Across the globe natural disasters are occurring at an alarming rate. In 2018 alone, we’ve witnessed the devastating effects of the Indonesian earthquake and tsunami, flooding and mudslides in Japan, flash floods in Jordan, Super Typhoon Mangkhut in the Pacific Ocean and numerous hurricanes that battered the Atlantic coast of the US – just to name just a few. While the impact of destructive weather on people’s lives takes priority, it also imposes pressure on companies where responding to customers’ needs in the most efficient and effective manner are of essence.
To help victims recover and companies get back to business, service teams are among the first responders, and while their tasks may have different characteristics depending on the industry they work within, their end goal is to restore normalcy as quickly as possible.
Minimising the impact of natural disasters like hurricanes or earthquakes, requires companies to have a strategy, and technology in place before a crisis arises to avoid or quickly recover from service disruptions. While there is no single way to protect consumers and businesses from the after-effects of a disaster, there are steps to ensure a faster response. One way companies can ensure they recover following a weather event is to incorporate the use of predictive analytics to help them plan for and successfully execute their strategy for natural disasters.
Planning for future events
Predictive planning and forecasting uses historical and real-time information to provide an accurate picture of the number of resources needed to cover the amount of anticipated work. By leveraging machine learning, artificial intelligence (AI) and predictive modeling, companies are able to forecast, with an acceptable level of accuracy, trends and future outcomes.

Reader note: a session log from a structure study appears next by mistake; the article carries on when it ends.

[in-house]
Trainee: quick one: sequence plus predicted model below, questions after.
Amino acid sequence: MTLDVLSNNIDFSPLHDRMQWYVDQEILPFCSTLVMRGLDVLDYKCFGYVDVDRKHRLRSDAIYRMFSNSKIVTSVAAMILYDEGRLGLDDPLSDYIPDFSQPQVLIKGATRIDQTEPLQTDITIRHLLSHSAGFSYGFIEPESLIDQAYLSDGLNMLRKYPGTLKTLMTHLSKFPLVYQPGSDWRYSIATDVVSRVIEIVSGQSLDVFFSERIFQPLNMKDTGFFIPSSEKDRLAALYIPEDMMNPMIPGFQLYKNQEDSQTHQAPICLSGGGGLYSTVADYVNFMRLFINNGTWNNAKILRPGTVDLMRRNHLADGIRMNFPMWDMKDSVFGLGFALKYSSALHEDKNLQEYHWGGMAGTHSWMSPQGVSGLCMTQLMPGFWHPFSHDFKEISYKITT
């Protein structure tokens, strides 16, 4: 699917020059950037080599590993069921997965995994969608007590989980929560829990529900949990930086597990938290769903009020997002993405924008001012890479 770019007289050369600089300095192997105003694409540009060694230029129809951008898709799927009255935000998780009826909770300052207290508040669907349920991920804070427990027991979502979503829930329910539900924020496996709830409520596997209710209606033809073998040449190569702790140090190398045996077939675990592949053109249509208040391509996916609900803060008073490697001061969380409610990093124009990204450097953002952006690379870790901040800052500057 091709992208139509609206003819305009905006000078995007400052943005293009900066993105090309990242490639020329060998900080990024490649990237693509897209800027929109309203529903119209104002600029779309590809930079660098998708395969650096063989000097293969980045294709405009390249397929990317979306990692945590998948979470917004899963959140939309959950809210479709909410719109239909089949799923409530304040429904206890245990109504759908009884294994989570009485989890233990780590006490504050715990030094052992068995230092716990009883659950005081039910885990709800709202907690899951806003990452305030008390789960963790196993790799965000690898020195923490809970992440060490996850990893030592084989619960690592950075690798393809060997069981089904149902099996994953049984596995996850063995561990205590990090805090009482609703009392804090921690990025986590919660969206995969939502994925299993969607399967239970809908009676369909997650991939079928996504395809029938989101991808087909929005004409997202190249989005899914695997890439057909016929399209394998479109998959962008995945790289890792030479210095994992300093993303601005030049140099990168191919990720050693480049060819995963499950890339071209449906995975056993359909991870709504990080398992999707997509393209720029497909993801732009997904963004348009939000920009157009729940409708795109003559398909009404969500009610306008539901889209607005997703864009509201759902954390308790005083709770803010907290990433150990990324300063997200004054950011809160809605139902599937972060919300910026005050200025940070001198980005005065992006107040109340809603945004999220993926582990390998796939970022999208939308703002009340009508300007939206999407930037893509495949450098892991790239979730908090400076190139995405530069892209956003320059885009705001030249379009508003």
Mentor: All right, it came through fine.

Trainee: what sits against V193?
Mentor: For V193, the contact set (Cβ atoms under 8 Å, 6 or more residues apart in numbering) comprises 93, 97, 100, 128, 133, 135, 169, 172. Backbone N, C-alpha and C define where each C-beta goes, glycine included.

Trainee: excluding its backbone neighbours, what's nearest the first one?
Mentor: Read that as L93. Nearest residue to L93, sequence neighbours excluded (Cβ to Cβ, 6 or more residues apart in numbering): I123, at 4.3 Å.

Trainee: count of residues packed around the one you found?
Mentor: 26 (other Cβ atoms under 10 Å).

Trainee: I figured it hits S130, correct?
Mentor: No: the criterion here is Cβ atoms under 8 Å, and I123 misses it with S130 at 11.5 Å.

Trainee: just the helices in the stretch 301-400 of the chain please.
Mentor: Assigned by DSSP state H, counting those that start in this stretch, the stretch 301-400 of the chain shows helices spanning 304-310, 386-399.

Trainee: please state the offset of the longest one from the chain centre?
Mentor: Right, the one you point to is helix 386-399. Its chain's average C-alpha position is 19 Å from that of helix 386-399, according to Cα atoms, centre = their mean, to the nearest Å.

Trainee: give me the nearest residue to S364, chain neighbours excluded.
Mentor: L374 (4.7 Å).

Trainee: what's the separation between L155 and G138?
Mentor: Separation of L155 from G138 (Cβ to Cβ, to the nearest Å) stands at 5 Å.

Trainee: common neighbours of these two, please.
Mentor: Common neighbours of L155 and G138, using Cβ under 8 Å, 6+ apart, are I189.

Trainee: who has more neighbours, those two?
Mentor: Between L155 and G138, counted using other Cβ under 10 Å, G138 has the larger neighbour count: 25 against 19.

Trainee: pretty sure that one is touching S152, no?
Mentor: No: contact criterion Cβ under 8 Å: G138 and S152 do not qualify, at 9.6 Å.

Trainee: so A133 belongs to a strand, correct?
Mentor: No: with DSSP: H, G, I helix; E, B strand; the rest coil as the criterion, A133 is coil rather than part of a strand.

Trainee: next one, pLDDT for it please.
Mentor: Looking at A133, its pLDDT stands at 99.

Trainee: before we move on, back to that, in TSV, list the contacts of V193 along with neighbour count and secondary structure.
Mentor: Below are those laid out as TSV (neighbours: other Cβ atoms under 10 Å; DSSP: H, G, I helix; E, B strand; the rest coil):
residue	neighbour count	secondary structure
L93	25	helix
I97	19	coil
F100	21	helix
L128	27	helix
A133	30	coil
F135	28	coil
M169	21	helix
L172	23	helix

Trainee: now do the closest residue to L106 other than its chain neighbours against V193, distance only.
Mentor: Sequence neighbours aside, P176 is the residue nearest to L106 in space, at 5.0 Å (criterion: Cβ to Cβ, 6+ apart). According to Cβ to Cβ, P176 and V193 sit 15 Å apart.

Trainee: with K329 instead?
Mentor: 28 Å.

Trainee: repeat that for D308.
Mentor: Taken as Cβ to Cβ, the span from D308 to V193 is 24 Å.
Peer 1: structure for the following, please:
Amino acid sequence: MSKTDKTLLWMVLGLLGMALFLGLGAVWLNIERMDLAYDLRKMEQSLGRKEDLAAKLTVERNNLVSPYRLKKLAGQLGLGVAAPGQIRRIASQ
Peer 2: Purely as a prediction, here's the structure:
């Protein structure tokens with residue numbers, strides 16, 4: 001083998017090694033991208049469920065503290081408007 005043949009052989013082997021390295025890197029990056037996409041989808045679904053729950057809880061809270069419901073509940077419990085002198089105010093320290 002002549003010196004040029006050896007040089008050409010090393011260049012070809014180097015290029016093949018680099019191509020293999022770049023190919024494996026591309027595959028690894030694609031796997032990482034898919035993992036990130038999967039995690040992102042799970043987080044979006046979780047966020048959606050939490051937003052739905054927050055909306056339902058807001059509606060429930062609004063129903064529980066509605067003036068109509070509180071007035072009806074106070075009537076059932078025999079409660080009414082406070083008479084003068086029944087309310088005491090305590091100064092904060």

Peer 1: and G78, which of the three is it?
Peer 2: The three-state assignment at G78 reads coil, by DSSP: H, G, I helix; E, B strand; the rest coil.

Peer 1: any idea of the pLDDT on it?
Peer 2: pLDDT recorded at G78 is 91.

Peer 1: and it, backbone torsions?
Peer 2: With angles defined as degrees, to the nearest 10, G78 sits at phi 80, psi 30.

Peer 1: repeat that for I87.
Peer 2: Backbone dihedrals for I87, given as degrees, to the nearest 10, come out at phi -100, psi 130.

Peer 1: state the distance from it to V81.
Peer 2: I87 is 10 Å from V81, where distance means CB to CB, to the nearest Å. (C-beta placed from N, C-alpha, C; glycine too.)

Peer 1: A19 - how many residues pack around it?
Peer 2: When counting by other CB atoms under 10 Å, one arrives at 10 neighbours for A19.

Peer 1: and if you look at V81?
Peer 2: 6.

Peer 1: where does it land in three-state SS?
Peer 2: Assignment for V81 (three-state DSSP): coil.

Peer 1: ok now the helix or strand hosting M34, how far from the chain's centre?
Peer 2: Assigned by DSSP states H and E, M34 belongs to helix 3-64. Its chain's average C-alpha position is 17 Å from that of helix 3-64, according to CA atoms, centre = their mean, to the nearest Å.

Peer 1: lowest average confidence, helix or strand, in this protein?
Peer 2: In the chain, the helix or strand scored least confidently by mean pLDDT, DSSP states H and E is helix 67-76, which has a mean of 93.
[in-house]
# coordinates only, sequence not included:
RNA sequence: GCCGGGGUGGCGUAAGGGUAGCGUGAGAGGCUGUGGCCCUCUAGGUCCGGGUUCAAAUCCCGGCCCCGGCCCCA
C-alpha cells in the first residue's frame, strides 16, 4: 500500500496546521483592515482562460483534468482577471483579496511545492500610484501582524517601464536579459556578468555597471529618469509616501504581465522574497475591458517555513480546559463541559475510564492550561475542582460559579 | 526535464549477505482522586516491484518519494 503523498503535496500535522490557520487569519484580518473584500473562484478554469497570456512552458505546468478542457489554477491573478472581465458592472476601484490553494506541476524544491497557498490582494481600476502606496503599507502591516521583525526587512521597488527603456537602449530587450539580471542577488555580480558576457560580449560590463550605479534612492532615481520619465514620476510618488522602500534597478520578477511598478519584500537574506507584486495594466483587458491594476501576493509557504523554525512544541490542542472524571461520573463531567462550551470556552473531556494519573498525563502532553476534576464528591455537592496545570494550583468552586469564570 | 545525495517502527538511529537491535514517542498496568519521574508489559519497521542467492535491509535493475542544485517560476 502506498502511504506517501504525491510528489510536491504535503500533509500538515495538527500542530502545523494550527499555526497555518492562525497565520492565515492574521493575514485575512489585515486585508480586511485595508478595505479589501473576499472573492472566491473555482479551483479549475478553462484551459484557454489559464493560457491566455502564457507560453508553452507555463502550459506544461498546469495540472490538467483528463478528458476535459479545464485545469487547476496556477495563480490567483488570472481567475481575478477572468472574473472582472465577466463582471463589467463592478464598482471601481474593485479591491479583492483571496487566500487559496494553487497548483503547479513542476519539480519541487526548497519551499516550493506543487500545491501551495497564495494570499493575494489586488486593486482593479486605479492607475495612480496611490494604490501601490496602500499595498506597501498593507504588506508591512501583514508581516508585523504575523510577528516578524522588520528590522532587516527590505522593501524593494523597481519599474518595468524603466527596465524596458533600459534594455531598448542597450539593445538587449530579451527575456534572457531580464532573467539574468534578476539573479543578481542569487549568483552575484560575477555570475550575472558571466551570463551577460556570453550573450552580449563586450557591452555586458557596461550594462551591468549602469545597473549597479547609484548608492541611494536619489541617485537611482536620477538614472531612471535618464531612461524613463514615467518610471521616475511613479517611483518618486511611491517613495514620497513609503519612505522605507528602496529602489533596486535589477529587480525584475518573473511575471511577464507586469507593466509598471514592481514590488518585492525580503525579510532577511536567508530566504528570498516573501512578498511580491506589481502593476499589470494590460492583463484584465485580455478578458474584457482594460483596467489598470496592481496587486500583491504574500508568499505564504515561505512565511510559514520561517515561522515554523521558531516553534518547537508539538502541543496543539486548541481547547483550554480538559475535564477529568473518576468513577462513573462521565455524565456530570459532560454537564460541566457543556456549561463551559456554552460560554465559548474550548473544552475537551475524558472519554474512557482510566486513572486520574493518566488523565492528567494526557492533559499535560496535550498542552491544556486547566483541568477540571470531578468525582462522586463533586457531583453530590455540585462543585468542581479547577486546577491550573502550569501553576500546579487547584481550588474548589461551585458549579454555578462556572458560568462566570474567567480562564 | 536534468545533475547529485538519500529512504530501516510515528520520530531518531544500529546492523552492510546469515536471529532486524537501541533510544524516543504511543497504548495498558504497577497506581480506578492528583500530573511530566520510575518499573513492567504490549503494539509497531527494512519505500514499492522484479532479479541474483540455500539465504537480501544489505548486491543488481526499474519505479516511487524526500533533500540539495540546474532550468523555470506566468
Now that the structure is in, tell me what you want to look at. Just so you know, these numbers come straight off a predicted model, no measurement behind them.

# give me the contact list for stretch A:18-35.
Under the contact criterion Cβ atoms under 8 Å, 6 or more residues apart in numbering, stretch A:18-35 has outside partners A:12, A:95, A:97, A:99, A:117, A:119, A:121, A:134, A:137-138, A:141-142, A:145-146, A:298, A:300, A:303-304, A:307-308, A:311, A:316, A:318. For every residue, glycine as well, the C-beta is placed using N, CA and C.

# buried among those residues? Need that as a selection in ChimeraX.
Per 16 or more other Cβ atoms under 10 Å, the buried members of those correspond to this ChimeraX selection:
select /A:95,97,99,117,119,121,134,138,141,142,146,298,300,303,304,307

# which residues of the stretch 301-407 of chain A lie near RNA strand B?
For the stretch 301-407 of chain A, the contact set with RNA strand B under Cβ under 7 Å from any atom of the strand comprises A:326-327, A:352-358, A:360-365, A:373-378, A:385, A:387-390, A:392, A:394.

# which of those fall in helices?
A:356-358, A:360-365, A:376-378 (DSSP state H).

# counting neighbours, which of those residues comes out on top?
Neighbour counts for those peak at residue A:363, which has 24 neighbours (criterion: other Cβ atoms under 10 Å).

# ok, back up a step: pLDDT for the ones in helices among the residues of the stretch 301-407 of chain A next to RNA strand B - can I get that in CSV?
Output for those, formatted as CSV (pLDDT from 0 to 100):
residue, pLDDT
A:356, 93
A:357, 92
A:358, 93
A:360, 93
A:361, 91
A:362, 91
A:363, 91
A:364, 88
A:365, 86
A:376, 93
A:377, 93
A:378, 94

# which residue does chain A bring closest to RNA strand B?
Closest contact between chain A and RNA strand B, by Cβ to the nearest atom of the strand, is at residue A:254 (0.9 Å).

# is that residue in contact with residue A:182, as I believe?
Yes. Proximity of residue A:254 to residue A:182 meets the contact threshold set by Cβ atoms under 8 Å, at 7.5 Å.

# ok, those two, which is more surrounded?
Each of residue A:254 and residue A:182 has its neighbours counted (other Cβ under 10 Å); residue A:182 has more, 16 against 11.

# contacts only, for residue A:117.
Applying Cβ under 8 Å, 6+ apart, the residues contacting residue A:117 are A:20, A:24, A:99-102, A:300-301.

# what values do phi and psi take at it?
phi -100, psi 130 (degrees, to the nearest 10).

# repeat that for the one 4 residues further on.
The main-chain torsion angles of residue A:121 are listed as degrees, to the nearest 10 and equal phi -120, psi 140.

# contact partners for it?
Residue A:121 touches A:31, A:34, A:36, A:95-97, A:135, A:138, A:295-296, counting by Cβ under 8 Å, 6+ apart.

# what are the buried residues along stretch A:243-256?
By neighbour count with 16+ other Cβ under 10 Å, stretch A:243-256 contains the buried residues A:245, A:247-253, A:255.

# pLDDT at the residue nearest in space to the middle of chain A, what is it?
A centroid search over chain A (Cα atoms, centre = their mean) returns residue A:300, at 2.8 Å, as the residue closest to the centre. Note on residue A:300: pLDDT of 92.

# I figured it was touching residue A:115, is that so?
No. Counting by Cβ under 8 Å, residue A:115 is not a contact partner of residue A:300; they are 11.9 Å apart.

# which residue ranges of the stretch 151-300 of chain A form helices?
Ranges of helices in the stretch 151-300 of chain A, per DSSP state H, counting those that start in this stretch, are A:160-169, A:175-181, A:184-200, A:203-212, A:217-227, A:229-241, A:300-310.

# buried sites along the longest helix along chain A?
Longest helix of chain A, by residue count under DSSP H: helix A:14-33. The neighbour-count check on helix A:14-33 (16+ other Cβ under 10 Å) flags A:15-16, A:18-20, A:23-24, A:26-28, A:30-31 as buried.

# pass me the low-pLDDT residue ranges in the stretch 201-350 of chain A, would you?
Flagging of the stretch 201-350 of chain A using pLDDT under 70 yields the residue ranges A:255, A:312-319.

For example, predictive planning and forecasting can help a utility in Florida better prepare for hurricane season. By analysing historical data collected from past hurricanes, companies can make more accurate planning decisions, such as scheduling a reserve of field resources and equipment. Before the disaster occurs, predictive analytics identify the areas that suffered the most damage in past storms. This enables the strategic placement of resources – whether internal employees, contractors, or borrowed from another utility – so they can respond as fast as possible with the correct equipment and skills.
Executing in the aftermath
Once the resource plan is in place, and the storm has passed, the services organisation is in full restoration mode. Predictive analytics empowers the most efficient response to customer needs. By analysing data from past service incidents, companies can predict with a great degree of accuracy the time it will take for a service professional to complete a job. A host of contributing factors such as weather, job type, technician seniority and skillset, and day of week, are assessed to ensure maximum productivity and customer satisfaction. Historical and real-time traffic data are also incorporated to predict accurate travel times, ensuring customer commitments are met. The end result is a quicker reaction time and faster restoration of service for a positive impact on service continuity.
Following a natural disaster, property and casualty insurers will know how long it will take their adjusters to complete damage assessments. With more accurate insights into job duration and travel between sites, companies can cluster jobs in the same neighbourhood together, minimising travel, and ensuring as many customers can be seen in a day. For customers, the faster their damage has been assessed, the faster they will be able to start repairs, giving them peace of mind during a very stressful time.
From prioritisation to maintenance forecasting and schedule optimisation, companies that adopt predictive analytics capabilities will see increased efficiency and effectiveness during normal operations, as well as in emergency situations. Providing a great customer experience, especially during a severe weather event, can increase satisfaction through proactive communication and faster recovery times.
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